Stops 17 and 18 included visits to Ontario, Baker City
John Day, OR—On Wednesday, July 19, Governor Tina Kotek and First Lady Aimee Kotek Wilson visited communities in Malheur and Baker counties on stops 17 and 18 of the One Oregon Listening Tour.
They made the most of their stops, participating in more than six meetings over the course of the day with local elected officials, community members, and business leaders.
“Over half a year into the tour, I’ve learned firsthand the value of being on the ground, in community and listening. The state can’t solve problems it doesn’t understand,” Governor Kotek said. “But it’s not enough to listen. It’s no secret this part of Oregon hasn’t felt heard. It’s my job to take back the wisdom that I gain here and make adjustments. State government needs to work in every part of Oregon and take the unique needs of every community into account. I’d like to thank Oregonians for being frank and sharing what makes their communities wonderful despite the challenges.”
The Governor and First Lady started the day with a working breakfast at the Plaza Inn in Ontario with local mayors, city councilors, and Malheur County Judge Dan Joyce.
“It’s so important for our Governor to be out and about in Malheur County, talking to people, shaking hands with strangers, and going where the locals go,” Judge Joyce said. “This is an important part of the state that often feels left out. This visit was a step in the right direction to getting the Willamette Valley and Eastern Oregon on the same page.”
Following breakfast, the Governor and the First Lady participated in a conversation with representatives from Euvalcree and IRCO Ontario about the housing, education, and resource navigation challenges that refugees and immigrants face in rural eastern Oregon.
Next the Governor participated in a roundtable conversation at Treasure Valley Community College with the Eastern Oregon Border Economic Development Board. The board was created by a bill Governor Kotek and then-State Representative Cliff Bentz co-chief sponsored in 2017. The conversation highlighted the programs the Board is spearheading to address the unique challenges faced by communities along the border with Idaho.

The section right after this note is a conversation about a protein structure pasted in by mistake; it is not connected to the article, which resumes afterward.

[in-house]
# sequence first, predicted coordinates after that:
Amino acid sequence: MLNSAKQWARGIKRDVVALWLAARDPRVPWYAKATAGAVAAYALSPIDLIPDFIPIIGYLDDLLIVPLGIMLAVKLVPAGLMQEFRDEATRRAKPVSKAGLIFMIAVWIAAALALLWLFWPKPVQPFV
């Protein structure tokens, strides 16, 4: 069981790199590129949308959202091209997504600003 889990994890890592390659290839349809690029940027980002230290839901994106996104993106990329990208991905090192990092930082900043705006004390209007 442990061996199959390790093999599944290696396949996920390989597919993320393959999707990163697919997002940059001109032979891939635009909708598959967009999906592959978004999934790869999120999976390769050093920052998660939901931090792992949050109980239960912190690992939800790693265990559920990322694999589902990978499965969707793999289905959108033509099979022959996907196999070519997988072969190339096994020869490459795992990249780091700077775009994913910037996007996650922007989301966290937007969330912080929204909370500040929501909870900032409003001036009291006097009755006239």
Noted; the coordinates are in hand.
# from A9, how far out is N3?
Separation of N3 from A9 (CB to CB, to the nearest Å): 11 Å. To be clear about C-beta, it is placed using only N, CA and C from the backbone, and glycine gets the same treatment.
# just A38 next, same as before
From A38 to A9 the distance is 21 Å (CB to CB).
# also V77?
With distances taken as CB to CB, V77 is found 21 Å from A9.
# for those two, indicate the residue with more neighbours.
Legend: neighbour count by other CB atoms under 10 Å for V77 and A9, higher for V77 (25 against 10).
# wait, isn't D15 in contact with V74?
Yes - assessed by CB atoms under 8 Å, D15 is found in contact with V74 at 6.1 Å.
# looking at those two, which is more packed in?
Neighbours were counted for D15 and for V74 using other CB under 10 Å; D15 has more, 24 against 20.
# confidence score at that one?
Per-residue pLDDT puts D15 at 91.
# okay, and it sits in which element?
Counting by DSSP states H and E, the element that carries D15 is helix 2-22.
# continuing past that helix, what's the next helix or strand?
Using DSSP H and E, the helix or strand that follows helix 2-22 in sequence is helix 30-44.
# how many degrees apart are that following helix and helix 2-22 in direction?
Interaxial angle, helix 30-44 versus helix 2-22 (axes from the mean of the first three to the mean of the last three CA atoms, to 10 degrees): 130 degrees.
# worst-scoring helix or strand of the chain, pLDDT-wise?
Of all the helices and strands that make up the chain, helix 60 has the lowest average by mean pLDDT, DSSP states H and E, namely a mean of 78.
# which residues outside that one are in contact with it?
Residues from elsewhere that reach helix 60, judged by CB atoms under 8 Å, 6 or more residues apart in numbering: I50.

They then headed to Baker County for a conversation with local health leaders over lunch at New Directions Northwest in Baker City to discuss behavioral health services in the area. The meeting also included representatives from St. Alphonsus to discuss their recent decision to eliminate maternity services at the local hospital.
Following lunch, the Governor and the First Lady visited the Powder River Correctional Facility (PRCF). Program-eligible individuals preparing for transition from prison back into their communities are sent to PRCF for alcohol and drug treatment. They met with PRCF staff for a discussion of their current workplace needs, as well as the success of their treatment services.
The Governor and the First Lady then traveled to the Baker Technical Institute to learn more about their workforce development program and visited their heavy highway construction land lab, which is a Future Ready Oregon Project. They both did a test run on the institute’s heavy equipment simulator and toured other career preparation classrooms.
“One of the best things we can do for Oregon’s prosperity is ensure that we have a diverse trained, and ready workforce that will strengthen and innovate our state’s infrastructure. That’s what we do here at Baker Technical Institute, and we’re growing our reach year by year,” said Doug Dalton, President of Baker Technical Institute. “We applaud her effort to learn about workforce challenges in rural Oregon.”
They made a pit stop at Betty’s Books in downtown Baker City before dinner with local LGBTQ+ leaders in Baker City. They were up bright and early the following morning for breakfast at Sweet Wife Bakery with owner Jenny Moew, a former professional WNBA and Oregon Ducks basketball player. Suffice it to say, from the courts to the kitchen,Mowe knows how to slam dunk.